Defaults on 401(k) Loans Double

More Americans are taking out 401(k) loans and more Americans are defaulting on their 401(k) loans.

Members of the Brookings Institution and Navigant Economics have released a study that concludes that, since the financial crisis hit in 2008, Americans are defaulting $37.0 billion a year on loans taken from their 401(k)s! (Source: CNN Money, July 17, 2012.)

The research notes that, in 2008, the default rate on 401(k) loans was 9.7%. Since then, the default rate has almost doubled: remaining in the high teens, with the peak being 19.8% in 2010, and the current rate running at 17.4% per year. This is an economic recovery?

Americans who cannot qualify for regular loans are taking them against their 401(k)s to pay for unforeseen expenses or to cover day-to-day bills in this supposed economic recovery. The researchers uncovered that the higher default rate is due to increased job losses in this supposed economic recovery.

With more Americans losing their jobs, they have no capacity to pay back their 401(k) loans and so have no choice but to default in this failed economic recovery.

The study also points to the fact that more and more Americans are taking out loans against their 401(k)s, because they have no choice; they’re desperately trying to maintain their standard of living as the economic recovery falters

It’s ridiculous: the study reveals that, in 2011, 18.5% of all Americans who had 401(k)s took out loans in this supposed economic recovery!

I’d argue, dear reader, that 18.5% is probably closer to the real unemployment rate in this supposed economic recovery. The people who are taking out these loans are people in their 40s or 50s who have worked hard and attempted to save for retirement.

Now they have no alternatives left; as the unemployment rate rises, they lose their jobs, and cannot find other work. Everyone can understand how they want to maintain their standard of living for the longest possible time. Of course, taking on more loans is only a temporary solution. Americans need jobs, but with a nonexistent economic recovery and a rising unemployment rate, the U.S. economy is not accommodating them.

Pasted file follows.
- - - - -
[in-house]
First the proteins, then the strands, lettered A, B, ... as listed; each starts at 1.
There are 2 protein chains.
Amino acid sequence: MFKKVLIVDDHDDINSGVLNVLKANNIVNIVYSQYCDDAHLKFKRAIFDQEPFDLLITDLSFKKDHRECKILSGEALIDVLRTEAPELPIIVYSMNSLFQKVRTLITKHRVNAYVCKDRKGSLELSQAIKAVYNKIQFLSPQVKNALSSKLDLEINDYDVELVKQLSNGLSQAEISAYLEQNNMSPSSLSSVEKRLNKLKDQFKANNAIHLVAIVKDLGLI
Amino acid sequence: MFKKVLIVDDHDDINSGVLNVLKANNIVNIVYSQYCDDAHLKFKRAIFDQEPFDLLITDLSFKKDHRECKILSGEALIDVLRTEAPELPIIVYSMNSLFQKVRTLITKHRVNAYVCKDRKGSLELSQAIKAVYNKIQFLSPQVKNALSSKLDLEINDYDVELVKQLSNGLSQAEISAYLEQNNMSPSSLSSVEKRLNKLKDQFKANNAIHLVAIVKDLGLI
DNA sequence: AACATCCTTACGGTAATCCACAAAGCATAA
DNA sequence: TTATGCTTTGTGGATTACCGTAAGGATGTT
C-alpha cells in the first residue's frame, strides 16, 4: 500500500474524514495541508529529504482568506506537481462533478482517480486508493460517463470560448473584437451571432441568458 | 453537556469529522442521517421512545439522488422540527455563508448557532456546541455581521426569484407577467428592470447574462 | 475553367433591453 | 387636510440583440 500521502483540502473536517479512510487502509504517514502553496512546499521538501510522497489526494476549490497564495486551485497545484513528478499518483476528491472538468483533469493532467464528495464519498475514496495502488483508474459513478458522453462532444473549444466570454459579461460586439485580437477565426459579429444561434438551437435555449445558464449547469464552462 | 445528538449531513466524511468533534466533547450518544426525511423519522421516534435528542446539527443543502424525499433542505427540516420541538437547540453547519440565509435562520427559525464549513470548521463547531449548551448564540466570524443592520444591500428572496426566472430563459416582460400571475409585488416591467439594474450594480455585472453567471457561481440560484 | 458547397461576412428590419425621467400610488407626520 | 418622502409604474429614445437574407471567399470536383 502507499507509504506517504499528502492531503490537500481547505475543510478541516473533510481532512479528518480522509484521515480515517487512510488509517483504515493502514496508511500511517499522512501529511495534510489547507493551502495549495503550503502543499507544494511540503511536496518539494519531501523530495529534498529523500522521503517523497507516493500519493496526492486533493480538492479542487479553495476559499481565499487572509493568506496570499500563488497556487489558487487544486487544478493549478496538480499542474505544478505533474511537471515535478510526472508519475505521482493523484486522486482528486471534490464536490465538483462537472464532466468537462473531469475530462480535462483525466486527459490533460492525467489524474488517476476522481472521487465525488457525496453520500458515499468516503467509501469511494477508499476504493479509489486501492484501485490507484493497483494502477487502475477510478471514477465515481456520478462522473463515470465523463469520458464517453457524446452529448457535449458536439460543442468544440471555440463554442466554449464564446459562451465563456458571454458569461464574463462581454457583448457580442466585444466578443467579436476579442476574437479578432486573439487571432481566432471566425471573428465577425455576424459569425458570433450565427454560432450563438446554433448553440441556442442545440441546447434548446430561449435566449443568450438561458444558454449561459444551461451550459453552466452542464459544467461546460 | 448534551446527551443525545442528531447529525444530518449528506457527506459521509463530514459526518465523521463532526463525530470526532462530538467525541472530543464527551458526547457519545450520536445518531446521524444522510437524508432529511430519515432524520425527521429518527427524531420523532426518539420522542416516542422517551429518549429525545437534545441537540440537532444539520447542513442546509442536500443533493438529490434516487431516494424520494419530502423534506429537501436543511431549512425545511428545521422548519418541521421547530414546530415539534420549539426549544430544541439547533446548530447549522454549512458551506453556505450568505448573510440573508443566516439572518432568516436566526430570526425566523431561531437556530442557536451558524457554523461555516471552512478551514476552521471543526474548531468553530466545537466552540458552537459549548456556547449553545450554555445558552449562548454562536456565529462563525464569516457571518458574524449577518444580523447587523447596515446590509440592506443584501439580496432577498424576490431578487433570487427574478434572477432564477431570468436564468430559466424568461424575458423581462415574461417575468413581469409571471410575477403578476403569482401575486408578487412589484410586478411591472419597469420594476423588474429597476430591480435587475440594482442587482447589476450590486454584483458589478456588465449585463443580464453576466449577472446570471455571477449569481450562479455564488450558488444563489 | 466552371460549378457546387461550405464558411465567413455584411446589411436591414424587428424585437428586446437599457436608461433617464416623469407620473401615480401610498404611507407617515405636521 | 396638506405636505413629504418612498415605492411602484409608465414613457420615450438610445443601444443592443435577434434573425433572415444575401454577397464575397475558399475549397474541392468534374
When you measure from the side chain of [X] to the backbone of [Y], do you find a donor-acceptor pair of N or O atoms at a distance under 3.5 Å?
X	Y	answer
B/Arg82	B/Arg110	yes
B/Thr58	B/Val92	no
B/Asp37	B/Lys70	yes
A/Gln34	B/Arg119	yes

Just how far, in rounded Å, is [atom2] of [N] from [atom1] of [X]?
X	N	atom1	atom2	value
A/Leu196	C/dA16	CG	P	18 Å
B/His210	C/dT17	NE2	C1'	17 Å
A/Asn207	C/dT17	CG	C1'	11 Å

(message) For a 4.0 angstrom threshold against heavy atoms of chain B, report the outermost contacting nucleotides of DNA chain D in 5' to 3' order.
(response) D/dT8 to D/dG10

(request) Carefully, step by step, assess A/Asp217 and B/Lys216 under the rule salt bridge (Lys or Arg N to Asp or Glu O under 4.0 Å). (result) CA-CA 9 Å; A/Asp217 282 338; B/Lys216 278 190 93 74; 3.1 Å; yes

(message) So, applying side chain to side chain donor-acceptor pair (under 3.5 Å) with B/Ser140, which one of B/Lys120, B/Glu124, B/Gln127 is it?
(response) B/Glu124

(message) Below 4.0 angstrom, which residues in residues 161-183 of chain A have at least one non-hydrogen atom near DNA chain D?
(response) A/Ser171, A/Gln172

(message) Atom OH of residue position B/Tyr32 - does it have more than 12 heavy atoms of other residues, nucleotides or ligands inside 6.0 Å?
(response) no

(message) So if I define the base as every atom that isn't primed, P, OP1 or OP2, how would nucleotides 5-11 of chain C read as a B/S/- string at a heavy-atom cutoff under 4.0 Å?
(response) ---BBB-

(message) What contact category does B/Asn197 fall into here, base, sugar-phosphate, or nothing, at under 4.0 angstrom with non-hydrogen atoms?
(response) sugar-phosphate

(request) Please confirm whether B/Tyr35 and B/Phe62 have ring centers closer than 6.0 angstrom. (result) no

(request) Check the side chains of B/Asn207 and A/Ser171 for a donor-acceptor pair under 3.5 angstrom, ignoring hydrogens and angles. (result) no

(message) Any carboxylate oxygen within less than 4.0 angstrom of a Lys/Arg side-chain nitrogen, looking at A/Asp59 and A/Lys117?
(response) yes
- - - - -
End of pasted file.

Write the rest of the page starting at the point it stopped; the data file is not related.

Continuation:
This is a vicious circle, because these people in their 40s and 50s are in their prime earning years. These are the years where they should be able to spend more comfortably—which would help an economic recovery—and save more for retirement. Now more of them are taking loans against their retirement to pay for their basic necessities!

In light of these facts, consumer spending is being severely strained in this country, which means that economic growth will be limited. As if we didn’t need any more headwinds, if the unemployment rate does not come down soon, these people will not be able to retire comfortably. The typical thought that retirement means more spending on the part of retirees which will stimulate economic growth will not hold true, because there will be no money for retirement!

This is not a regular recession. It has gone on for too long—four years now and counting—and it is hurting the average American greatly. (See: “Moving Closer and Closer to a U.S. Recession.”)

If the unemployment rate is not repaired (and I don’t see how it can be), consumer spending will continue to come under pressure. As consumer spending accounts for 70% of GDP growth, the U.S. economic growth story is in big, big trouble.

Where the Market Stands; Where it’s Headed:

This morning, the market has sold off sharply and the media is quick to blame Europe’s woes again, particularly the concern that Greece won’t be able to make good on its bailout promises.

Of course, I see Greece (and Spain, Italy or whatever country you want to add into the pot) as the scapegoat for inexperienced reporters. The real truth is that investors are finally understanding that economic growth worldwide is slowing; maybe too quickly. Sure stocks offer good value compared to low-yielding bonds. But as Recession Part II gets underway, corporate profits will erode, putting pressure on stock dividends once again.

Technically speaking, the Dow Jones Industrial Average has put in a picture perfect “head and shoulders” pattern. The door is almost closed on the bear market rally that started in March of 2009.

What He Said:

“Many of today’s consumers have purchased properties with very little down payment. They’ve been enticed by nothing-down, interest-only, second and third mortgages. Bottom line: The lower interest rate environment sucked consumers into the housing market big-time. And that will eventually cause us all problems.” Michael Lombardi in Profit Confidential, June 22, 2005. Michael started warning about the crisis coming in the U.S. real estate market right at the peak of the boom, now widely believed to be 2005.